Business economists sketch a brighter outlook

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Over the past three months, the outlook for the US economy has improved in the eyes of business economists.

However, optimism is somewhat expressed by the resurgence of the coronavirus.

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A National Association for Business Economics survey released Monday reveals a “significant rollback in expectations of depths reached in almost all categories in April,” said Megan Greene, a senior fellow at Harvard who leads the NABE survey of conditions Business.

The results of the survey of 104 NABE members showed that growth expectations had improved significantly, with two-thirds predicting that the economy, as measured by gross domestic product, will grow between the second quarter of this year and the second quarter of next year.

This is a turnaround from three months ago, when 70% of them predicted the economy would contract in the next 12 months.

The economy entered recession in February, ending a record expansion of nearly 11 years. During the January-March quarter of this year, the government estimates that GDP declined at an annual rate of 5%.

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Markets could take a shock this week when the government releases its first GDP estimate for the April-June quarter.

The consensus predicts that he will report that the economy has contracted at an annual rate of more than 30 percent.

It would be, by far, the steepest economic contraction on record – more than triple the current worst quarterly decline in 1958.

The NABE survey is based on responses received from July 2 to 14, a time when coronavirus cases were starting to increase in many parts of the country after businesses reopened.

Since then, the impact of the pandemic has worsened significantly, with the number of reported cases rising sharply.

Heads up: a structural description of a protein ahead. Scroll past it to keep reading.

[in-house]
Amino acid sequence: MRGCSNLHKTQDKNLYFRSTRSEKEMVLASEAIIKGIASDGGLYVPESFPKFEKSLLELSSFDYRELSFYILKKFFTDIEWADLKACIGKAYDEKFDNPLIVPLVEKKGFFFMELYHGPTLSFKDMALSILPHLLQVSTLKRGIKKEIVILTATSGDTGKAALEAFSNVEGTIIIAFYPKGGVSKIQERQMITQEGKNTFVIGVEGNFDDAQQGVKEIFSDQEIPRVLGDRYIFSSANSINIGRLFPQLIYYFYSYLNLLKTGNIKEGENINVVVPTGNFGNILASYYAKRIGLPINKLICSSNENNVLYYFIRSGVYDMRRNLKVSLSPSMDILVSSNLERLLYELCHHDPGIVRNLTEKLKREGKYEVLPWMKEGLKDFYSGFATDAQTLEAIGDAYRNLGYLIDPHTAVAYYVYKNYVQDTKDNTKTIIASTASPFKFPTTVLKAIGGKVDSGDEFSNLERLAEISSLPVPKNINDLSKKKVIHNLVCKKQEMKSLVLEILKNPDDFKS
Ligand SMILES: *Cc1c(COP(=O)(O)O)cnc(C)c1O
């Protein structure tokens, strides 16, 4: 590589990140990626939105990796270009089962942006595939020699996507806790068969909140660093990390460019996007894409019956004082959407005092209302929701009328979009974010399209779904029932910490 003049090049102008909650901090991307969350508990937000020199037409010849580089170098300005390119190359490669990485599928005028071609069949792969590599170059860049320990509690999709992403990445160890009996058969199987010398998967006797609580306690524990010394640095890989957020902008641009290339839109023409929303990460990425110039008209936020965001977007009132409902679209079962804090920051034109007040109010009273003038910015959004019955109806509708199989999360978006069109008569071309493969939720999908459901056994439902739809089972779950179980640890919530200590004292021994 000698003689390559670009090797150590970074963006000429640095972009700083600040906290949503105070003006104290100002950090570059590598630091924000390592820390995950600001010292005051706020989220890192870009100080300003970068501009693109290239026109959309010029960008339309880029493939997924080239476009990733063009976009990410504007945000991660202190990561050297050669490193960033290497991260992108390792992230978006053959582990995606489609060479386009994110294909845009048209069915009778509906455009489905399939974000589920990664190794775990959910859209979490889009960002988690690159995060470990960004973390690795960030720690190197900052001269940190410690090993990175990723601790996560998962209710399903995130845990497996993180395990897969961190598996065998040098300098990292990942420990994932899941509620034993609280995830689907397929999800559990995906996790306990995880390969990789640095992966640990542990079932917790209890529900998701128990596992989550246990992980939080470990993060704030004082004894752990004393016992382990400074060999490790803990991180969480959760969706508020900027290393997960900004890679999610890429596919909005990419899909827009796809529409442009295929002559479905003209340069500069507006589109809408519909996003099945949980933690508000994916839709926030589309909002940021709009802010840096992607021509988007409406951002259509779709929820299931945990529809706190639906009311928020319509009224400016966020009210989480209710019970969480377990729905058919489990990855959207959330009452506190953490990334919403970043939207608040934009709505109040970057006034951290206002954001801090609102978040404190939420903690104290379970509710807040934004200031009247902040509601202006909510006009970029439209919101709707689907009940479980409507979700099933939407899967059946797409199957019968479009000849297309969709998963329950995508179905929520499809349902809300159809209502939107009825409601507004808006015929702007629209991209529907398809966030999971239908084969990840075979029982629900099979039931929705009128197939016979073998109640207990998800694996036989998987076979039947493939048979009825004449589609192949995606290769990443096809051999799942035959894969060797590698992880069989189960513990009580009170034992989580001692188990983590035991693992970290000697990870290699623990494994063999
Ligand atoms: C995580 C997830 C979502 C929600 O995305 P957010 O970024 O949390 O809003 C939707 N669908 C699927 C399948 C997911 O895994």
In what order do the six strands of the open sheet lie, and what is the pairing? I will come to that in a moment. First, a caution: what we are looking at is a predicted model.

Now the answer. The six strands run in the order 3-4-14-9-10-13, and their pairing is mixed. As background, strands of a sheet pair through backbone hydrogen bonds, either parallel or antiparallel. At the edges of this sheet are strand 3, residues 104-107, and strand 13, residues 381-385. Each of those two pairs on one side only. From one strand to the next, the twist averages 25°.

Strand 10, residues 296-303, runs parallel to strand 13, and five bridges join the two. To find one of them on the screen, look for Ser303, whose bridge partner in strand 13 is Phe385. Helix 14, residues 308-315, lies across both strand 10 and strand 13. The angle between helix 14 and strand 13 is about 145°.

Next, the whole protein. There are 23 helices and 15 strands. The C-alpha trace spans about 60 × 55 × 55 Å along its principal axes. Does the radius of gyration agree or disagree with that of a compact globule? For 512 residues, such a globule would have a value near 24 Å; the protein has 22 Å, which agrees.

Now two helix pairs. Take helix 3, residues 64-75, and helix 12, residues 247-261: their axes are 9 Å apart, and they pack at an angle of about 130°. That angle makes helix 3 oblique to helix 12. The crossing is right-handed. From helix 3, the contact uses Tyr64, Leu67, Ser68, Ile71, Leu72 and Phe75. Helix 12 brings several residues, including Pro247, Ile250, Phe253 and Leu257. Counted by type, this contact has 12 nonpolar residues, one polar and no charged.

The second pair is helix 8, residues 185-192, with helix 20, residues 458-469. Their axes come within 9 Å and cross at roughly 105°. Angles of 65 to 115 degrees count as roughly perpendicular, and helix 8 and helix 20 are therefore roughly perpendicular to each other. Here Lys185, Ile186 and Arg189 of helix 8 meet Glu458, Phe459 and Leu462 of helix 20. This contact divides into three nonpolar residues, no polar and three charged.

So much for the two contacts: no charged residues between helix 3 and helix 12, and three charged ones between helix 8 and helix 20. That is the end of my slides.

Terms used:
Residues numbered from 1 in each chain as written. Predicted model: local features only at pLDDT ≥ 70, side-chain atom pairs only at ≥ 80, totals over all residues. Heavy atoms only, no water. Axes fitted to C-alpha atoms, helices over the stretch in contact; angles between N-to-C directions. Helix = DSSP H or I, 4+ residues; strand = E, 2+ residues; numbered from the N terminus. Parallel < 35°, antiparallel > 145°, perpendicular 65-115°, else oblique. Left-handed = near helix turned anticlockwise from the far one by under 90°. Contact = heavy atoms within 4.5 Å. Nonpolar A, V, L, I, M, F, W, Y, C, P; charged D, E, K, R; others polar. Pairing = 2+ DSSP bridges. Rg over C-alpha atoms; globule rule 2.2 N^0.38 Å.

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Despite the rise in virus cases, the NABE survey found that business economists’ outlook for the next three months compared to the previous survey in April showed improvement in sales, profit margins, prices, employment and capital expenditure.

The survey found that one in three businesses had resumed normal operations, but almost as many respondents said they did not expect their operations to return to normal levels for more than six months.

A significant proportion of survey respondents said they believe the virus will lead to more flexible hiring and working conditions, with 80% indicating that they expect their business to continue to provide a certain level of remote work to employees even after the end of the crisis.

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The unemployment rate in the United States, which was at its 50-year low of 3.5% before the virus hit in March, climbed to 14.7% in April and has since fallen to 11.1% . The NABE survey found that 58% of those polled believe that even by June of next year, the unemployment rate will still be high between 6.1% and 8%.

A large majority (85 percent) said they believed their businesses could “stay afloat” for more than six months without federal help, compared to 74 percent who said so in April.

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Congress is engaged in difficult negotiations over a new rescue aid package. Republicans are proposing, among other things, to reduce a temporary federal unemployment benefit expiring from $ 600 per week to about 70 percent of a recipient’s pre-pandemic salary. Democrats have adopted a much broader aid package that would include an extension of the benefit of $ 600 per week.

The Associated Press contributed to this article.

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